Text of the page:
Out of the 93 football players who returned to Boston College for voluntary workouts last week, one tested positive for COVID-19, according to the school.
BC allowed players back on campus last week after the NCAA lifted its moratorium on campus activities in June. Players went through an eight-day quarantine before undergoing a round of tests.
Members of the strength staff also were tested. All of them came back negative. Coaches will be tested soon.
Players who tested negative began workouts Wednesday.
The number of confirmed cases for the Eagles is strikingly low compared with other programs around the country that returned to action last month. Most notably, Atlantic Coast Conference rival Clemson had 47 members of the athletic department test positive.
Even though the NCAA allowed programs to restart June 8, BC waited another two weeks before reopening campus for athletes. That gave the school time to craft a manual for players and families with protocols that included standard social distancing practices, daily temperature checks, face-covering requirements, and cleaning and sanitizing guidelines.
If a player tested positive, the Eagles had a plan in place for that athlete to quarantine alone.
While preseason camps are scheduled to begin this month, many programs have reported spikes in confirmed cases, leading to uncertainty about those camps proceeding, let alone a season.
After bringing players back June 15, the University of Arizona halted its plans to return after a spike in cases in the area. UNLV suspended campus workouts last week after four players tested positive.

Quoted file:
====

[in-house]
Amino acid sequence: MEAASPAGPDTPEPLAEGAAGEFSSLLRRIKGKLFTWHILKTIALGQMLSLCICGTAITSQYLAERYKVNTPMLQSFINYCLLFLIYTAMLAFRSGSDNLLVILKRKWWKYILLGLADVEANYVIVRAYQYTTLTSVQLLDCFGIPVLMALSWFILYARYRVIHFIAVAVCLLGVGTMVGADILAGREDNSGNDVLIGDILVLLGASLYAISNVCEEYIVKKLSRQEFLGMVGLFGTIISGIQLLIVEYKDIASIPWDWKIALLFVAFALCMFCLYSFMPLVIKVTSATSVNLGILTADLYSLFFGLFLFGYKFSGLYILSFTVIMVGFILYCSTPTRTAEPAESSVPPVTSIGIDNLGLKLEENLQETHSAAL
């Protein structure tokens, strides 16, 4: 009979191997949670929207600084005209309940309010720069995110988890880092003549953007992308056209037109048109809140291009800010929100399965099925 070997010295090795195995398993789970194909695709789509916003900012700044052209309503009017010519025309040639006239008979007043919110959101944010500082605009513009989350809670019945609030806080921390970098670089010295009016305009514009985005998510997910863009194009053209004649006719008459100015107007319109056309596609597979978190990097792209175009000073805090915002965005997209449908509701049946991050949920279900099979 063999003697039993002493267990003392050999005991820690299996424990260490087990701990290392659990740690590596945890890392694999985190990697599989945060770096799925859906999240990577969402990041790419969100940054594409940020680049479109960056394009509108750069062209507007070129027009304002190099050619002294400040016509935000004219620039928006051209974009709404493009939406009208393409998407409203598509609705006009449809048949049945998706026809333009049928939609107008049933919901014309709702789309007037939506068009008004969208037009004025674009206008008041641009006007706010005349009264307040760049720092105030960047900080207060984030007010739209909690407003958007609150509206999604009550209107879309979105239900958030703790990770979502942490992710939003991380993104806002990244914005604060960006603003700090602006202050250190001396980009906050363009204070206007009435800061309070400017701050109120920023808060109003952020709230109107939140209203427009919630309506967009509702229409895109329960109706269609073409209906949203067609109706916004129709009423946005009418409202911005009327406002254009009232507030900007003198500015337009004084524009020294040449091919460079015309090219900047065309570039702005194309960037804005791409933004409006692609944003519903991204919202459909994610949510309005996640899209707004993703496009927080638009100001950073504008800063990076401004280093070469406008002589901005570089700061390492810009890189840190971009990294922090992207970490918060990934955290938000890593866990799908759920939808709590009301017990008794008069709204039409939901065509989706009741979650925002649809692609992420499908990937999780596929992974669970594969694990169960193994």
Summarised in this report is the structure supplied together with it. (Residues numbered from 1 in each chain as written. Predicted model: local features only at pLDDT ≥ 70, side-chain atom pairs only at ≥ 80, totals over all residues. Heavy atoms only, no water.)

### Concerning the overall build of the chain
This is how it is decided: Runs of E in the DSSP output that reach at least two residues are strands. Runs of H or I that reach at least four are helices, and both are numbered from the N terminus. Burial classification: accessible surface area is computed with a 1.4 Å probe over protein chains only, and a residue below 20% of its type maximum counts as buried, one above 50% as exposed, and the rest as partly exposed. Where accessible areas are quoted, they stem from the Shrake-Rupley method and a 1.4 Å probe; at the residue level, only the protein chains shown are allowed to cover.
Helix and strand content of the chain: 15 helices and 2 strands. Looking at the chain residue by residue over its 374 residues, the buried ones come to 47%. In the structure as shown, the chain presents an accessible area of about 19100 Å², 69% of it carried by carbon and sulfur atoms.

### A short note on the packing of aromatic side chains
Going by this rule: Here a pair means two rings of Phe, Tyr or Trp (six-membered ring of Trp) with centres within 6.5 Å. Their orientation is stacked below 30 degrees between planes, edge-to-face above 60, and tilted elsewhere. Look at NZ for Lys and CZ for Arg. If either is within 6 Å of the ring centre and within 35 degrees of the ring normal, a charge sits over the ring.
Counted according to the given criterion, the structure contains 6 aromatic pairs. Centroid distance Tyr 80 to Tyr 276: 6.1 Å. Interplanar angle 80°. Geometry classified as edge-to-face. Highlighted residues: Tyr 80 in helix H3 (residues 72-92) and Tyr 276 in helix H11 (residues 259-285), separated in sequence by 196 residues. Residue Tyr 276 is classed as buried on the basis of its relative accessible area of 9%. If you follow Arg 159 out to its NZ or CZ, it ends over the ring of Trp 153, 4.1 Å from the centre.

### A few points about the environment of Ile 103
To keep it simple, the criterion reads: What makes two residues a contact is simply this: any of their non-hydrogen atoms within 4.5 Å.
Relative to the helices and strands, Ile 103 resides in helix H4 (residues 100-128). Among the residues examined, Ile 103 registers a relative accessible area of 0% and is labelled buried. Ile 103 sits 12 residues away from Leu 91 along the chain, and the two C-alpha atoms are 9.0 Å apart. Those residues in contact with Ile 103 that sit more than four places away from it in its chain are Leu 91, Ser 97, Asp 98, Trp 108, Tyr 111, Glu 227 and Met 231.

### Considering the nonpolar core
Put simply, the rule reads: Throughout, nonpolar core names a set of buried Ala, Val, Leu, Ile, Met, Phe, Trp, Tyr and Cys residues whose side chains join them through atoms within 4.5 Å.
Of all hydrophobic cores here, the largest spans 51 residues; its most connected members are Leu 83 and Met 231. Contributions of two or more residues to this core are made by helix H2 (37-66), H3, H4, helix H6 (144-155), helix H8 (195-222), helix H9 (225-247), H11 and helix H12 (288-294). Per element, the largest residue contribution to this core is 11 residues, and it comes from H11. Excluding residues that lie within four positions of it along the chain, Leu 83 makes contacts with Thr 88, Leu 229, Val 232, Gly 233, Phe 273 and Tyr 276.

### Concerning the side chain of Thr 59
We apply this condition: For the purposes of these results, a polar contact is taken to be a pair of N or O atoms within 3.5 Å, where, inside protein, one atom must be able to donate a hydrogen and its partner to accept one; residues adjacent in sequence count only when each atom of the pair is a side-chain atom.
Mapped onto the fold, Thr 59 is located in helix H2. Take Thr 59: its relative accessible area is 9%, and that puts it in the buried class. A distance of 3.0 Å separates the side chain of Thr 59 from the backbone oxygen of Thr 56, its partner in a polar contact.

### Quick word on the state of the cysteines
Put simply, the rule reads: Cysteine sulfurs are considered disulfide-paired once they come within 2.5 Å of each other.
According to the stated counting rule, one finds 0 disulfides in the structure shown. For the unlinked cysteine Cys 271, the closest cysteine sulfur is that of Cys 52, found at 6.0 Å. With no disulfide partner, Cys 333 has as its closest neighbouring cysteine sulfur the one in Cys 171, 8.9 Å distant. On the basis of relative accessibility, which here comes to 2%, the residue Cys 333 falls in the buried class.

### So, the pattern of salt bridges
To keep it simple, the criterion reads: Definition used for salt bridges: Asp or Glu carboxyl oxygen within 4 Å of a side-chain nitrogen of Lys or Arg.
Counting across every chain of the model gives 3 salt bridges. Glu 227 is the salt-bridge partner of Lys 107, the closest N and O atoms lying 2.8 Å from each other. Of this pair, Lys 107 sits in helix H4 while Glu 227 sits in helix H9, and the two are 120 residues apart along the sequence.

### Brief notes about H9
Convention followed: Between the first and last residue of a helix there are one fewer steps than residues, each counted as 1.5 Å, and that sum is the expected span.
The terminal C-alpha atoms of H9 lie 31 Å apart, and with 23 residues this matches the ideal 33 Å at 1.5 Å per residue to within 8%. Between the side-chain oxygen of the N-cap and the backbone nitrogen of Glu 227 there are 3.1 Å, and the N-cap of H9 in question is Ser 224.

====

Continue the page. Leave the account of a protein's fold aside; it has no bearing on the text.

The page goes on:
The idea of pushing the college football season back to the spring has been floated among several athletic directors. The Ivy League reportedly is exploring the option of playing a seven-game, conference-only schedule that would start in April.
A Senate hearing Wednesday intended to discuss athlete compensation shifted into a heated conversation between lawmakers and college officials about how schools were handling the pandemic.
University of Mississippi athletic director Keith Carter told Sports Illustrated, “On June 1, I was really optimistic about everything, but I’m less optimistic today about a normal start ... It’s time. We’re into July now. It’s time to decide ‘Hey, are we going to start on time or push this thing down the road?’ ”
The US reported more than 50,000 new coronavirus cases Wednesday, a single-day record. The upward trend paints a grim picture of the road ahead. As of Wednesday, there were 109,143 confirmed coronavirus cases in Massachusetts with 8,074 deaths.
Julian Benbow can be reached at firstname.lastname@example.org.